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Homework Help: Finding current flux

  1. Aug 31, 2014 #1
    1. The problem statement, all variables and given/known data

    Let J=xy^2([itex]\hat{x}[/itex]+[itex]\hat{y}[/itex]+[itex]\hat{z}[/itex]) A/m^2 denote the electrical current density filed -i.e, current flux per unit area - in a region of space represented in Cartesian coordinates. A current density of J=xy^2([itex]\hat{x}[/itex]+[itex]\hat{y}[/itex]+[itex]\hat{z}[/itex]) A/m^2 implies the flow of electrical current in the direction J/abs(J)= ([itex]\hat{x}[/itex]+[itex]\hat{y}[/itex]+[itex]\hat{z}[/itex])/[itex]\sqrt{3}[/itex] with a magnitude of abs(J) = xy^2[itex]\sqrt{3}[/itex] Amperes (A) per unit area.

    Calculate the total current flux J*Ds through a closed surface S enclosing a cubic volume V = 1m^3 with vertices at (x,y,z,) = (0,0,0) and (1,1,1) m.

    2. Relevant equations

    3. The attempt at a solution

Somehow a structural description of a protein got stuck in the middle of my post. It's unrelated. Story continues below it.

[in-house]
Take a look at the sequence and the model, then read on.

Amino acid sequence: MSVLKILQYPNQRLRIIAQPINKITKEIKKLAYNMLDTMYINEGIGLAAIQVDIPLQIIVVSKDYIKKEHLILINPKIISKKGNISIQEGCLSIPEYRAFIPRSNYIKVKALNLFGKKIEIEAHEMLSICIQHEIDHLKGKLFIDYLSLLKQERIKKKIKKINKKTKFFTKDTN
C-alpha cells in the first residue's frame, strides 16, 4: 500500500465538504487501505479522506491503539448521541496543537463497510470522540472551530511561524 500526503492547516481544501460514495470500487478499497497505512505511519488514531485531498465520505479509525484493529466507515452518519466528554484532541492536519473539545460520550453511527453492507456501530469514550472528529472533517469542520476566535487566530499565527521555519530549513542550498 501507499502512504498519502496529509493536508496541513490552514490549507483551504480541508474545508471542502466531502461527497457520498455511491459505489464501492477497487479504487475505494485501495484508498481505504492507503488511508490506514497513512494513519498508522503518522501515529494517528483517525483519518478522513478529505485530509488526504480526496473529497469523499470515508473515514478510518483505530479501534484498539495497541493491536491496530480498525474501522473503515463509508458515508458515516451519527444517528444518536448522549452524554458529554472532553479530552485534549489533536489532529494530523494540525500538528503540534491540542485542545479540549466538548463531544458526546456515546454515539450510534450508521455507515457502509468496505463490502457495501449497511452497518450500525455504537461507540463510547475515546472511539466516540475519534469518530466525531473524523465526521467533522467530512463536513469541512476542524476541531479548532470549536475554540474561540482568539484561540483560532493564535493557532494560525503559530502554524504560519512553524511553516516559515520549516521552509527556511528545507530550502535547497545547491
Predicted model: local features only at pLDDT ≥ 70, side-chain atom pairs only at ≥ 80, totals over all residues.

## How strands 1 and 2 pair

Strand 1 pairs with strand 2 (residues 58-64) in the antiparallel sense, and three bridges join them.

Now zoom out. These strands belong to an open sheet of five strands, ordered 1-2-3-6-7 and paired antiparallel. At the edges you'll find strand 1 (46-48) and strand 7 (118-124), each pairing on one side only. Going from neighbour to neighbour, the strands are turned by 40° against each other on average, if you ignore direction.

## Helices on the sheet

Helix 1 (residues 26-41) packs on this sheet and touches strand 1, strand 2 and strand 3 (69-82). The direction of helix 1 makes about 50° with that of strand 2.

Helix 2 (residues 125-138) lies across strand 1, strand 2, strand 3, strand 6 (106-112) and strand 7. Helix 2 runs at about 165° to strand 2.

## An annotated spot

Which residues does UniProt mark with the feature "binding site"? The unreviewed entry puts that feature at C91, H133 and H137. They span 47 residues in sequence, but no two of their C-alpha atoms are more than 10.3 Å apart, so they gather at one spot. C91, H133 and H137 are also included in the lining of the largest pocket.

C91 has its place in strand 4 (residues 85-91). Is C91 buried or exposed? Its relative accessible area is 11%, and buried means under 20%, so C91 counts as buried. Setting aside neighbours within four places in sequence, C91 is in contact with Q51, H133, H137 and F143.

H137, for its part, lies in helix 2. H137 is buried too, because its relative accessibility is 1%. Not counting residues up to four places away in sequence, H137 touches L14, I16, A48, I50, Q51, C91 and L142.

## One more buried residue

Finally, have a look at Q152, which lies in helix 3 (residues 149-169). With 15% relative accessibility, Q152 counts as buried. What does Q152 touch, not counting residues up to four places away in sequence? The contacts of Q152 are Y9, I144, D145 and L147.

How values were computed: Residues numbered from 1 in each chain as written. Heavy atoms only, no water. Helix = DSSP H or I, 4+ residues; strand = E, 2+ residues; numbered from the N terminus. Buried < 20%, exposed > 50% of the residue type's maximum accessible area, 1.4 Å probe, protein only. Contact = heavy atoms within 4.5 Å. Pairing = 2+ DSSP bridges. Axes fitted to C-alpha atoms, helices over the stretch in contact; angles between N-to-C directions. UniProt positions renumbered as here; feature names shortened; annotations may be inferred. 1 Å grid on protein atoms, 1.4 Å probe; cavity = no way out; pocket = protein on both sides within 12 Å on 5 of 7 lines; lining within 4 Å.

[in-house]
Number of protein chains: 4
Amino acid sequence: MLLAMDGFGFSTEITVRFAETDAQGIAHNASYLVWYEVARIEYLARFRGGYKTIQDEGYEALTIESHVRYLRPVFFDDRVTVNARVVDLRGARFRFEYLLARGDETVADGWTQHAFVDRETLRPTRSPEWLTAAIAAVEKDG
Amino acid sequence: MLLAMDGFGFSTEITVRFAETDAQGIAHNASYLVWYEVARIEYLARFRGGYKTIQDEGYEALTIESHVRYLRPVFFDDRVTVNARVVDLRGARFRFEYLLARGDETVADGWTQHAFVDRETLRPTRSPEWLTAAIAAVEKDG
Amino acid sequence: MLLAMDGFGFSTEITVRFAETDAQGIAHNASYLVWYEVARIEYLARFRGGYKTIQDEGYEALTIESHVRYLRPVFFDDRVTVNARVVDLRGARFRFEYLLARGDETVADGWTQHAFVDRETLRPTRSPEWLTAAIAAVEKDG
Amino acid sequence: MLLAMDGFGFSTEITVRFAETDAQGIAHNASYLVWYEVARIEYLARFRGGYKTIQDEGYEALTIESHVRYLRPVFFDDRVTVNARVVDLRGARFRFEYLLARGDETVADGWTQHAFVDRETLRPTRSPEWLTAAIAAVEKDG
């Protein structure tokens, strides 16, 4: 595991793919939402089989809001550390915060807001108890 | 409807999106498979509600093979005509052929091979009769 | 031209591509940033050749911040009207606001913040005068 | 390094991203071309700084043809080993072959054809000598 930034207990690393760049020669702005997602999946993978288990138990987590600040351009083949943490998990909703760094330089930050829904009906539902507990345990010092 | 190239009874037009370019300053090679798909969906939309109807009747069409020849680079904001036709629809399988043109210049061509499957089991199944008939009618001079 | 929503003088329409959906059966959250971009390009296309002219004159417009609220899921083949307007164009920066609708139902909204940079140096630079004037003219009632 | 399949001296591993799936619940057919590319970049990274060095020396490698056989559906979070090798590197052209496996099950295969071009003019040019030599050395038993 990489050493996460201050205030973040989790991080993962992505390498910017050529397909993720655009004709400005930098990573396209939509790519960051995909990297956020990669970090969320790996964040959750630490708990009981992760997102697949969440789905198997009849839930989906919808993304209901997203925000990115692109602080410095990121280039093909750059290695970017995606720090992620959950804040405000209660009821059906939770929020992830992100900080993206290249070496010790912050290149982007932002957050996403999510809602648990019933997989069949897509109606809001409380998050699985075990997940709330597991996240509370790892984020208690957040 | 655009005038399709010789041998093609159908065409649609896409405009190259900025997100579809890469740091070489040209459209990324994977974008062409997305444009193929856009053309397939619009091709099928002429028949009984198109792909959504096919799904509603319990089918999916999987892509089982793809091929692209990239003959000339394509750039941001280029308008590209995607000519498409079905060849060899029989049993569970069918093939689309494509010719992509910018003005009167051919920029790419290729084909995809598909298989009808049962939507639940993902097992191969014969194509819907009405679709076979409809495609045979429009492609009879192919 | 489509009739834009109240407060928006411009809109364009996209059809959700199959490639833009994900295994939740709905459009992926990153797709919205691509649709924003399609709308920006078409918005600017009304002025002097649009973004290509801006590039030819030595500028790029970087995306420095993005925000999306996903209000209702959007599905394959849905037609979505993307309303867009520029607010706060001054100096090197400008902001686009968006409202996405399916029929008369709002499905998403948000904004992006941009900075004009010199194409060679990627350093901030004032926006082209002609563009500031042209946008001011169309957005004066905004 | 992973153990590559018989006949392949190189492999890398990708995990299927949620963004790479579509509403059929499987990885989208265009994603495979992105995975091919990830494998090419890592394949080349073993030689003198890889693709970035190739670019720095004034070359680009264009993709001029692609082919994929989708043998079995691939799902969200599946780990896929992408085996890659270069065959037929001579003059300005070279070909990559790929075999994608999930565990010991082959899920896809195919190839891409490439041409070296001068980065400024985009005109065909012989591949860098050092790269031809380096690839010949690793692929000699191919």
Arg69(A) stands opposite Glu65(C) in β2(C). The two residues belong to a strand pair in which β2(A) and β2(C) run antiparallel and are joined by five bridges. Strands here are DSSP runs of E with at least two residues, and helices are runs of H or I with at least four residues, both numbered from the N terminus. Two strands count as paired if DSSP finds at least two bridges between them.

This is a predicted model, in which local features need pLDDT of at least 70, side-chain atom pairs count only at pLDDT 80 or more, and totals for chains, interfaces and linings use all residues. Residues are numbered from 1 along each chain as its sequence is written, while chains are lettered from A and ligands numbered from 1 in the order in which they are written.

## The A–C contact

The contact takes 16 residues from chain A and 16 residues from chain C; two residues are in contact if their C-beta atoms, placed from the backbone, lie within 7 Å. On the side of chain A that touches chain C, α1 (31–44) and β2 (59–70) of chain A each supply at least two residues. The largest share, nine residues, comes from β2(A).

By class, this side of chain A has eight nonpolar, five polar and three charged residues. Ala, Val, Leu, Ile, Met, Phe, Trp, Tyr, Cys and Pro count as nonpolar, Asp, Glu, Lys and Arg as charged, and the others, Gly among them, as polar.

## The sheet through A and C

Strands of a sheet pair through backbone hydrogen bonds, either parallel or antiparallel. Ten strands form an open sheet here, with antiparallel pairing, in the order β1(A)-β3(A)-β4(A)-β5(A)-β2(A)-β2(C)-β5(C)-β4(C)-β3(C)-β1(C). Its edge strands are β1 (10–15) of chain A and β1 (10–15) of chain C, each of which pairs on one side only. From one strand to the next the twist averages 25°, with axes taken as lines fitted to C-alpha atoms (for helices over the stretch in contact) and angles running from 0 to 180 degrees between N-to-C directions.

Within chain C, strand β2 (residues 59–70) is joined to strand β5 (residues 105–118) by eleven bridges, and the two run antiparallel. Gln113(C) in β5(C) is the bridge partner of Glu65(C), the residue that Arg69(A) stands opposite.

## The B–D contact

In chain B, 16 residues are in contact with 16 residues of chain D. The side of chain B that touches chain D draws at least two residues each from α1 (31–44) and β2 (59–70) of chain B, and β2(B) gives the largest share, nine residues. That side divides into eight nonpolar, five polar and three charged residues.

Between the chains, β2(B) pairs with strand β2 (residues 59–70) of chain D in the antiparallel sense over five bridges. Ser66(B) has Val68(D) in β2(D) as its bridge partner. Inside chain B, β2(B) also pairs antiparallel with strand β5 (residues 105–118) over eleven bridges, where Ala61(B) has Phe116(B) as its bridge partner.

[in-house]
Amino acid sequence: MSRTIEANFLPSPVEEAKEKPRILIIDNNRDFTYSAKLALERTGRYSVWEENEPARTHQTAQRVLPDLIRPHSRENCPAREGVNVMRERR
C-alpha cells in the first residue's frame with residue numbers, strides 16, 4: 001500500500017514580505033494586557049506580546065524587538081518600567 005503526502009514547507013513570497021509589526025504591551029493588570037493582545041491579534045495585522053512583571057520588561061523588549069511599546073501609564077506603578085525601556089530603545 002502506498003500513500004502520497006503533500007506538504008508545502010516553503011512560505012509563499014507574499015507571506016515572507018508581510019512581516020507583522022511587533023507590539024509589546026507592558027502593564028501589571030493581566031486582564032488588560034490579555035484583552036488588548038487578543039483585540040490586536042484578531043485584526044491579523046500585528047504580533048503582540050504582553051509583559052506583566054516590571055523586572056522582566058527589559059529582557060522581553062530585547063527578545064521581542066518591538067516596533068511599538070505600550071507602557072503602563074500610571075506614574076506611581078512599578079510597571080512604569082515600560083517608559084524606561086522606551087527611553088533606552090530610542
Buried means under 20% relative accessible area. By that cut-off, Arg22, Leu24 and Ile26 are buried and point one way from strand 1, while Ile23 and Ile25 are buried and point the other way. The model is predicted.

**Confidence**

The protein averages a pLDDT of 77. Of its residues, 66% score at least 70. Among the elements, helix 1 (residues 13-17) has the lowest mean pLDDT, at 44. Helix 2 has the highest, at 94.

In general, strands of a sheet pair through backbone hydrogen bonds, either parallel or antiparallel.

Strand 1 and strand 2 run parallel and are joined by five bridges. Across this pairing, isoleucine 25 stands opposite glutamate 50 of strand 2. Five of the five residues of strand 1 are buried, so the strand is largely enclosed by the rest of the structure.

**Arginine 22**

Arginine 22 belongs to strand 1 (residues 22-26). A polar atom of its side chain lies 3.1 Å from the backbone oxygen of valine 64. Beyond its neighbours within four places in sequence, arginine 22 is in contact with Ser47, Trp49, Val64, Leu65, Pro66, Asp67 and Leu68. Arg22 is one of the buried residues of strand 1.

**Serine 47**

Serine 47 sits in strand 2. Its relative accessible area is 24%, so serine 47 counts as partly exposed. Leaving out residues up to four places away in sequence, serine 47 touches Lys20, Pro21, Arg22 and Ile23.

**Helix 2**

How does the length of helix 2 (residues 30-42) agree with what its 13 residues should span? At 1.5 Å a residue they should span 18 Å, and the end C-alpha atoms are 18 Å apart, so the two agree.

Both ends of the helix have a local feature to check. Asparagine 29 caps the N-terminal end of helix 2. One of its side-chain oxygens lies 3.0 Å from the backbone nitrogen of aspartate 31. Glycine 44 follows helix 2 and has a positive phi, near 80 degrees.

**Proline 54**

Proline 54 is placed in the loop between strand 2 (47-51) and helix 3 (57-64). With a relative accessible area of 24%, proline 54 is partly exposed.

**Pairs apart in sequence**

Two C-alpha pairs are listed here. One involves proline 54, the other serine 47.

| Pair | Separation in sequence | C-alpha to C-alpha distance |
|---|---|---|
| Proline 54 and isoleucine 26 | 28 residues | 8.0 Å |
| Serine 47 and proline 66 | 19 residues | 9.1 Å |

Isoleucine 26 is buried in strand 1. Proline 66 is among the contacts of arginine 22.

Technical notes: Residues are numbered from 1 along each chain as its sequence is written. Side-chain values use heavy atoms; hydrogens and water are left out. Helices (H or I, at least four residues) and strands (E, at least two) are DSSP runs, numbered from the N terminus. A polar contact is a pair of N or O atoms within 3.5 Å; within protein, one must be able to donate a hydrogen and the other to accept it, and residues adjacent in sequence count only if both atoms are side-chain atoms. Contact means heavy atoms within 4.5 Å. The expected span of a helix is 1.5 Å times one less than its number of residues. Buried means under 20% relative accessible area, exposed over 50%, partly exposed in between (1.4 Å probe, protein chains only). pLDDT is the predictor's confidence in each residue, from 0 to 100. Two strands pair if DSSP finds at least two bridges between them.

I believe that I can use a fair amount of symmetry for this problem because this flux should be the sum of six surface integrals. I have done a fair amount of things with electric flux in the past..and I feel that this should be very similar however my mind seems to believe drawing a blank is the best solution. I tried to start with the integral of abs(J)*([itex]\hat{z}[/itex])dxdy=total current enclosed/eo. Is that kind of the right idea? Or should I be trying to set it up differently.
    Last edited: Aug 31, 2014
  2. jcsd
  3. Aug 31, 2014 #2


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    Postpone the symmetry idea and start with one of the six surface integrals. Direction of J is a constant (unit vector) and so is ##d\vec S##. Only thing that varies is the magnitude. Write out the integral.
  4. Aug 31, 2014 #3

    I kind of had this before. I then was thinking along the lines well okay for when I did electric flux if I had a electric field E and I needed to find the charge enclosed and I was given a charge density I would start:

    then things would cancel and I would get E=ρ/(2*εo)

    However, I am unsure how to progress to that point for the current flux. I'm sure its some simple thing I'm not putting together
  5. Aug 31, 2014 #4


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    OK, you picked the one where symmetry does come in useful: z=0. Check with the opposite one (z=1) and bingo, two down, four to go.

    Note that two of those four have magnitude of J = 0 ( the ones with x or y equal to zero ).

    Leaves some work to do, still, but you'll manage !
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